In Your Garden: The newest endagered species


So what to plant as a replacement for your sick ash?  First of all, you will need to determine how much sun or shade gets to the site where you want your new tree to grow. How big will it get? What shape it is full grown? And most of all, what type of soil do you have in that area.

One tree that can be pruned to the vase shape of the ash is a tough native, the hackberry. It gets 40 to 80 feet tall at maturity and has only cosmetic problems, leaf galls and witches brooms, that can be pruned out. And best of all, its zone 3 hardy.

If you’d like a tree that makes a statement, look for a Kentucky coffee tree. Forget the name; it is a native with good adaptability. The leaves have a fine texture, but it’s the bold branching habit and textured bark that make it a stand out in the winter. The female has large chunky pods that are a real hazard to the lawn mower so get a boy tree instead. Listed as a zone 4 but does well here. That is unless you plant him on the top of a hill where the northwest winds hit him all winter. He gets 40 to 60 feet tall. Also zone 3.

If you want fall color, look to the Freeman maple. It’s a natural hybrid of red and silver maples.  A zone 3, again, 40 to 60 feet tall.  Cultivars are Sienna Glen or Firefall. Autumn Blaze is also a cultivar but has proven to be less hardy here.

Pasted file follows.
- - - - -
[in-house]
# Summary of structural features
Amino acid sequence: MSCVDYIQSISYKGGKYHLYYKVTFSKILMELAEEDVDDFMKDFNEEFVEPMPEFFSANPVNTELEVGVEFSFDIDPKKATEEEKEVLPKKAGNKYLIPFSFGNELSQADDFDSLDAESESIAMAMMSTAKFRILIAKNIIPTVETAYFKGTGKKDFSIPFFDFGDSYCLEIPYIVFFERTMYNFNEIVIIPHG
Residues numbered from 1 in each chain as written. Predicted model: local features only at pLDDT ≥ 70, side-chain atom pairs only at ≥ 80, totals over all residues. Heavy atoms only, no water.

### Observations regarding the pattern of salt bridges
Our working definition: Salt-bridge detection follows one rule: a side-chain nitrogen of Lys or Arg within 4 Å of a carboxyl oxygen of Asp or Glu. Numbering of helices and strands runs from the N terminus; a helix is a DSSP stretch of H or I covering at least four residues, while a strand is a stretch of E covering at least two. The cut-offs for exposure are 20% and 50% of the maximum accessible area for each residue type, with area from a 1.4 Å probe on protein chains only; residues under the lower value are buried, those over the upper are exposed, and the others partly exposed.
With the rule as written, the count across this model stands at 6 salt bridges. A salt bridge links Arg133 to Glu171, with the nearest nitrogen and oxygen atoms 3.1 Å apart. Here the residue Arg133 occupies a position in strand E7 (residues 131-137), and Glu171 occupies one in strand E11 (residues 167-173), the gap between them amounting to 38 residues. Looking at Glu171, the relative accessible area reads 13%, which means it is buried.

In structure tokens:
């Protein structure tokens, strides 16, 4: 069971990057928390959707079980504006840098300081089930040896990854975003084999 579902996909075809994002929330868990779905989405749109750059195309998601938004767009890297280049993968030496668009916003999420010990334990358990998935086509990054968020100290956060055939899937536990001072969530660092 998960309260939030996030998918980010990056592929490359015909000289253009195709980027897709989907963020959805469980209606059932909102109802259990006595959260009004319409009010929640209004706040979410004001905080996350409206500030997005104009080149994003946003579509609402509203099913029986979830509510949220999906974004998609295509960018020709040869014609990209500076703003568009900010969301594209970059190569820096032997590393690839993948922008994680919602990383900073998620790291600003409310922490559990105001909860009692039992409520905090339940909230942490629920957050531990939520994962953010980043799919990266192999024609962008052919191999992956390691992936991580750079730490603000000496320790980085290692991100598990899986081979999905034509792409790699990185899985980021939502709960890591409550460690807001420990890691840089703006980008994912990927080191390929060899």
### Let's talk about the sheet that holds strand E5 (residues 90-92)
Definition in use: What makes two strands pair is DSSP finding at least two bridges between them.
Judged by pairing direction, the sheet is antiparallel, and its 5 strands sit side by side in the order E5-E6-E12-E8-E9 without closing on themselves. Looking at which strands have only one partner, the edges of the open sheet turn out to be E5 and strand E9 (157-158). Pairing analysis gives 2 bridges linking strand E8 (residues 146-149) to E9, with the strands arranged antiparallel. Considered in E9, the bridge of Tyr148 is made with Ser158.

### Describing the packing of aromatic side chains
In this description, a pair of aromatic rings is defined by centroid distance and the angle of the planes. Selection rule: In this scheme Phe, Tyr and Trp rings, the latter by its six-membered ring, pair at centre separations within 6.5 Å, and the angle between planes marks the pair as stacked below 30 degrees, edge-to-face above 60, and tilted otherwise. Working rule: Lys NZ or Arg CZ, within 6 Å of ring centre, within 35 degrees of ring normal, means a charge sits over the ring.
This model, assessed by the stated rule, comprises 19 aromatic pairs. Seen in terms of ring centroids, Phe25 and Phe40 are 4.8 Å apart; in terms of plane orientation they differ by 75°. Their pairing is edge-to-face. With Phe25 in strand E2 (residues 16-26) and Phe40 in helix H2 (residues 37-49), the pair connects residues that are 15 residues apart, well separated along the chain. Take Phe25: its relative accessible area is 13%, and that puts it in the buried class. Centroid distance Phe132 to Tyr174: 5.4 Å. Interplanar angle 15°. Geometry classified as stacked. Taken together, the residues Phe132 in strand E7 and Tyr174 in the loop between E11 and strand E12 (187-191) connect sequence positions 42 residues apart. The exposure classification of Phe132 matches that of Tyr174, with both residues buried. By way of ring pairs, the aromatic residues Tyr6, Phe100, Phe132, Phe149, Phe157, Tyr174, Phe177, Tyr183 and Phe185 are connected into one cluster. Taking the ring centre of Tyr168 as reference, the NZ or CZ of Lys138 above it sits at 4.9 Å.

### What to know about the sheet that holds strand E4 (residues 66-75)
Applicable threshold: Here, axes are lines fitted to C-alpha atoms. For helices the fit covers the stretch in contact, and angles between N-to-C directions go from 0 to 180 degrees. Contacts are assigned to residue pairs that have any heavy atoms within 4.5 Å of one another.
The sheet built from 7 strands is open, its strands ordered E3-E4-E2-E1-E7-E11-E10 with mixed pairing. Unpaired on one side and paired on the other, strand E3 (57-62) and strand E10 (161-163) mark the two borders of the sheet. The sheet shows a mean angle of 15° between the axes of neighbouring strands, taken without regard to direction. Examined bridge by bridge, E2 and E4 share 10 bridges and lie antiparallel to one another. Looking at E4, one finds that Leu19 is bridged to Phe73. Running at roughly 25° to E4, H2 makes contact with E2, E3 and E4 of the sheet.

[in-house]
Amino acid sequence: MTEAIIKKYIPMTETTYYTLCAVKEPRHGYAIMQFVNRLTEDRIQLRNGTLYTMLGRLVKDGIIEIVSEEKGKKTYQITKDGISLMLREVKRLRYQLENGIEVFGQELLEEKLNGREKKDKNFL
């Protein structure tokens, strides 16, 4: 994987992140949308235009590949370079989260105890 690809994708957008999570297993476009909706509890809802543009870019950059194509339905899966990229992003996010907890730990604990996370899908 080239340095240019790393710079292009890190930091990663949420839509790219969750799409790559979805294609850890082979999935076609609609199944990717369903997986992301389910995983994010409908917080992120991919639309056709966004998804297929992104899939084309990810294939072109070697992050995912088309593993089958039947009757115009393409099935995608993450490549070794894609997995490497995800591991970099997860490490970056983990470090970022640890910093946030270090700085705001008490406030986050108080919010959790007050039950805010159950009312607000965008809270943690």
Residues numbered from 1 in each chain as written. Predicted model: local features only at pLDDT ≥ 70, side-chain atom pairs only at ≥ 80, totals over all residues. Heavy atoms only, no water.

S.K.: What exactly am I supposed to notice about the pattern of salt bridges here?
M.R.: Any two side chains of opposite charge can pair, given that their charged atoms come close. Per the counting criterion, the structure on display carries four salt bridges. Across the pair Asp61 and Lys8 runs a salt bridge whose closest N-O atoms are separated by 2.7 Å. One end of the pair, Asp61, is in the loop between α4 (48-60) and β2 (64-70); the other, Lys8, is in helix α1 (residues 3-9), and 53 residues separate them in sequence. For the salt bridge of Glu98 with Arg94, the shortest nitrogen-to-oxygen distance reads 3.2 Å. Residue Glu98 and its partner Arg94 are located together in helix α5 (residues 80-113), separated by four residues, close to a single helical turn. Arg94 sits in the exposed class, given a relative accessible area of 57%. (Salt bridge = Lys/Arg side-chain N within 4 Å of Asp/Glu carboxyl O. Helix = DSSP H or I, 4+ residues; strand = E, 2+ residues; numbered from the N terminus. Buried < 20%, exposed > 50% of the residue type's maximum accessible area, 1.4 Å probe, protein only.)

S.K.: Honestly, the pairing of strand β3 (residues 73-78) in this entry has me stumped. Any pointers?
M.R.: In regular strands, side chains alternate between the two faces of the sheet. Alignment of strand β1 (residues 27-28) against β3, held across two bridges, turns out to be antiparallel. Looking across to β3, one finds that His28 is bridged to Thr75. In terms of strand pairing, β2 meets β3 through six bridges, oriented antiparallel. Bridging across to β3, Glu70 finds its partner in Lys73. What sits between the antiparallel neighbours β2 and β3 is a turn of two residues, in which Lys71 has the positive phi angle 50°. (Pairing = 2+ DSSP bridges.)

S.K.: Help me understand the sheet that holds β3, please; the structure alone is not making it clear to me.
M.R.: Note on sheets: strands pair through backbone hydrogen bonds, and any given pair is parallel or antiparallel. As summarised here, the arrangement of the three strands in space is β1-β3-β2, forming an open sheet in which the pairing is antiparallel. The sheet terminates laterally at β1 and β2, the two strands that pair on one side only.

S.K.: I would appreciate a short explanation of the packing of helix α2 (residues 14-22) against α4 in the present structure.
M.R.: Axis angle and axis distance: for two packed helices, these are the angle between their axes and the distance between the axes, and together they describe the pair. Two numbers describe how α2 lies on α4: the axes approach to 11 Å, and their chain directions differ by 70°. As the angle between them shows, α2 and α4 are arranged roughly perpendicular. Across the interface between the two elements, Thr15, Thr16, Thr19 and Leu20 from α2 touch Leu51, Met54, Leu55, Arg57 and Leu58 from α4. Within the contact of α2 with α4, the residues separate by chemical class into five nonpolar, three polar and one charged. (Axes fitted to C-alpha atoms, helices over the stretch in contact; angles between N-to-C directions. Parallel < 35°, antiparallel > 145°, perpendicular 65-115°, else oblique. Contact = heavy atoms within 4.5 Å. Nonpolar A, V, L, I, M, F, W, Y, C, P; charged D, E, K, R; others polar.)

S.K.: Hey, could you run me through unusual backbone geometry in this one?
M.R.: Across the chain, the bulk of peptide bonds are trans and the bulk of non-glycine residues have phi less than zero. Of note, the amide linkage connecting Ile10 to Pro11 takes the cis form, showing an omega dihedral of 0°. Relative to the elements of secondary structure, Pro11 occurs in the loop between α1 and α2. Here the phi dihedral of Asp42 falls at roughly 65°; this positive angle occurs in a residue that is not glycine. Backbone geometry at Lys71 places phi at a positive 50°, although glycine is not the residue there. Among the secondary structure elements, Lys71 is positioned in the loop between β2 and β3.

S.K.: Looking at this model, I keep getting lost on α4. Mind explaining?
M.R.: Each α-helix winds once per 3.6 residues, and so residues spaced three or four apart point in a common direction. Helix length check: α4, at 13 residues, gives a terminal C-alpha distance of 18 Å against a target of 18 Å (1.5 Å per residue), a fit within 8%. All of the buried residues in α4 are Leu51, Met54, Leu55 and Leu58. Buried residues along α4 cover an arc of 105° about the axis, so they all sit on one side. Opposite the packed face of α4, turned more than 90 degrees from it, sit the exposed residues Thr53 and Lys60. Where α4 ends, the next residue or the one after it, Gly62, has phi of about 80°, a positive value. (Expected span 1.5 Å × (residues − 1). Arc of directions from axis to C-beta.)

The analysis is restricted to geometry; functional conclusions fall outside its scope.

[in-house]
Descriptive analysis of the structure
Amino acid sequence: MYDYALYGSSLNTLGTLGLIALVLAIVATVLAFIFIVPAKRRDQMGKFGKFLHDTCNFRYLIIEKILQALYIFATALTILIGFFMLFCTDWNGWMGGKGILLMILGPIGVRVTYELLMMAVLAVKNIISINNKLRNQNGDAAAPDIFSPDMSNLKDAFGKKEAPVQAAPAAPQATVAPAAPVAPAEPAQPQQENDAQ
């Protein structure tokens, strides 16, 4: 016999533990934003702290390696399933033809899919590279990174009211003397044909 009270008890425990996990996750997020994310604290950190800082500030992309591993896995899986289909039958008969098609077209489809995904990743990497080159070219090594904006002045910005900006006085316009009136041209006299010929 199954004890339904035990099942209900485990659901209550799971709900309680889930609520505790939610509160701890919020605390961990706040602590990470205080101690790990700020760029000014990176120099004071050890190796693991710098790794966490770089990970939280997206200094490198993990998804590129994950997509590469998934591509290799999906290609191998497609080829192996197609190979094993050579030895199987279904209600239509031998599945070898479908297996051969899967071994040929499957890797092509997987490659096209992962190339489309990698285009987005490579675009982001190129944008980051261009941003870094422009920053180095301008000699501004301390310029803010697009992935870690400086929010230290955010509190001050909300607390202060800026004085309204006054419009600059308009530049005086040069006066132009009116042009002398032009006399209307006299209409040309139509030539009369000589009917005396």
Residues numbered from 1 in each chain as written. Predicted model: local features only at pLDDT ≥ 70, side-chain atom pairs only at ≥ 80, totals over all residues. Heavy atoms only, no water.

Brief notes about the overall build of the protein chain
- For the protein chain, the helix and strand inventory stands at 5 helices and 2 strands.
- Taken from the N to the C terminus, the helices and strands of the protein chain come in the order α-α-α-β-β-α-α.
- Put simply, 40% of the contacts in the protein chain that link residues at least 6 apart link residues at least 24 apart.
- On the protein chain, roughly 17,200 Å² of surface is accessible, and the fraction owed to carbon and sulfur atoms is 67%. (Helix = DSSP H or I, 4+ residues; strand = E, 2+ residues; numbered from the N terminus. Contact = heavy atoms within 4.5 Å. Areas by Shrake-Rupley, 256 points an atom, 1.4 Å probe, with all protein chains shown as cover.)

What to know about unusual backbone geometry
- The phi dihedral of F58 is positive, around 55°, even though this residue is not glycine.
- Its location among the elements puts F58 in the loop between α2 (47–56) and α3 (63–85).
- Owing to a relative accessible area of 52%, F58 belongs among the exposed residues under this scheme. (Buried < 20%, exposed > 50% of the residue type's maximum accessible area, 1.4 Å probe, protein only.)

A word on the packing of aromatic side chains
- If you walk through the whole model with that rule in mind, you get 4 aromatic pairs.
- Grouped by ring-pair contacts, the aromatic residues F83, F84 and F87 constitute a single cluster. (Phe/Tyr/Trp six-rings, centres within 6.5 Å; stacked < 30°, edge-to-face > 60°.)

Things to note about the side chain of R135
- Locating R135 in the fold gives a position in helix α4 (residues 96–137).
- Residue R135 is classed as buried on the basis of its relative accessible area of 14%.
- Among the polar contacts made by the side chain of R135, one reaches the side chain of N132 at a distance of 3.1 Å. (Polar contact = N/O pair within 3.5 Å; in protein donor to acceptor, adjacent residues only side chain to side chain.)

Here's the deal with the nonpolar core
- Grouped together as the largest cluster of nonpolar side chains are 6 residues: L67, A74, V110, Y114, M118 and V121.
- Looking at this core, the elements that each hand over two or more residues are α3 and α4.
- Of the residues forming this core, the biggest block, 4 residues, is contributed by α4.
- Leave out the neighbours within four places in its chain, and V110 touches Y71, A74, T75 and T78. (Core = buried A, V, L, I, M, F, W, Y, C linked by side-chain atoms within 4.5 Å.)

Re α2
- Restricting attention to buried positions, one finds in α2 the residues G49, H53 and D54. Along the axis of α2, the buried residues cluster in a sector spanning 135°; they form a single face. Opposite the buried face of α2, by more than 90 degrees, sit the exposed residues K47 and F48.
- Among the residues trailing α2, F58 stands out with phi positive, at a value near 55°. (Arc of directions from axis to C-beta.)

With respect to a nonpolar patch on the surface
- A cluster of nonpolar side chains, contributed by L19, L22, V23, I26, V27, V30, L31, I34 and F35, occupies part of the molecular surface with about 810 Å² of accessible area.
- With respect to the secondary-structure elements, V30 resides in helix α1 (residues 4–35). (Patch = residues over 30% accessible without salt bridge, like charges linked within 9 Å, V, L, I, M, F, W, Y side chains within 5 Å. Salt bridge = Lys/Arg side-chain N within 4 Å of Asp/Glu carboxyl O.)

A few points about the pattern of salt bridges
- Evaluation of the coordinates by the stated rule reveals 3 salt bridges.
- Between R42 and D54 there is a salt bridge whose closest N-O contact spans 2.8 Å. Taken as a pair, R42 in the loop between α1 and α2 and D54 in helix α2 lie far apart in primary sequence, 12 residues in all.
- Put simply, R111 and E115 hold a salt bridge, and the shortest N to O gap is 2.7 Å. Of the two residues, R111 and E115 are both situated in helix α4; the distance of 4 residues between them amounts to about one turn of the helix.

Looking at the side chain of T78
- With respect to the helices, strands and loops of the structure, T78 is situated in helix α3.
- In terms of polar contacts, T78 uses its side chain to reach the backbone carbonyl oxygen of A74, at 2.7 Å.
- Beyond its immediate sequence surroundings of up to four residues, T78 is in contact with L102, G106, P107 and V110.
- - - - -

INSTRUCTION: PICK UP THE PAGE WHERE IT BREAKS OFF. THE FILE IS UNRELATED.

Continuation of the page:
If you have the room for the extensive root system to spread and want a large tree, 50 to 80 feet tall, look to cultivars of sugar maple. Fall Fiesta, Bonfire, Crescendo and Green Mountain are available. This is a beautiful large zone 3 tree.

If you don’t mind acorns and the squirrels that closely follow them, look to the pin oak and the red oak. These two are fastest growing of the oaks.   Oaks will grow as fast as any other tree if planted in good soil, watered and fed well.  Both of these oaks have beautiful red fall color and a handsome shape. To diminish the threat of oak wilt (not here at the present) plant them well apart so there is no chance of the roots touching.  And never prune any oak from April to October. These trees will grow 50 to 80 feet tall and again are zone 3 hardy.

The height of any tree depends on growing conditions. Poor soil, drought, poor site, will result in a shorter less healthy tree. Not many trees do well in sandy soil, on top of a windy ridge, or if they must deal with dry conditions year after year. You need to love your trees. Give them water, good soil, proper pruning and they will air condition your yard in the summer, slow down wind in the winter and add thousands of dollars of value to your property. What more could anyone ask.

#GreenAsh #Replacements

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Senior Perspective, PO Box 1, Glenwood, MN 56334  ||  (320) 334-3344

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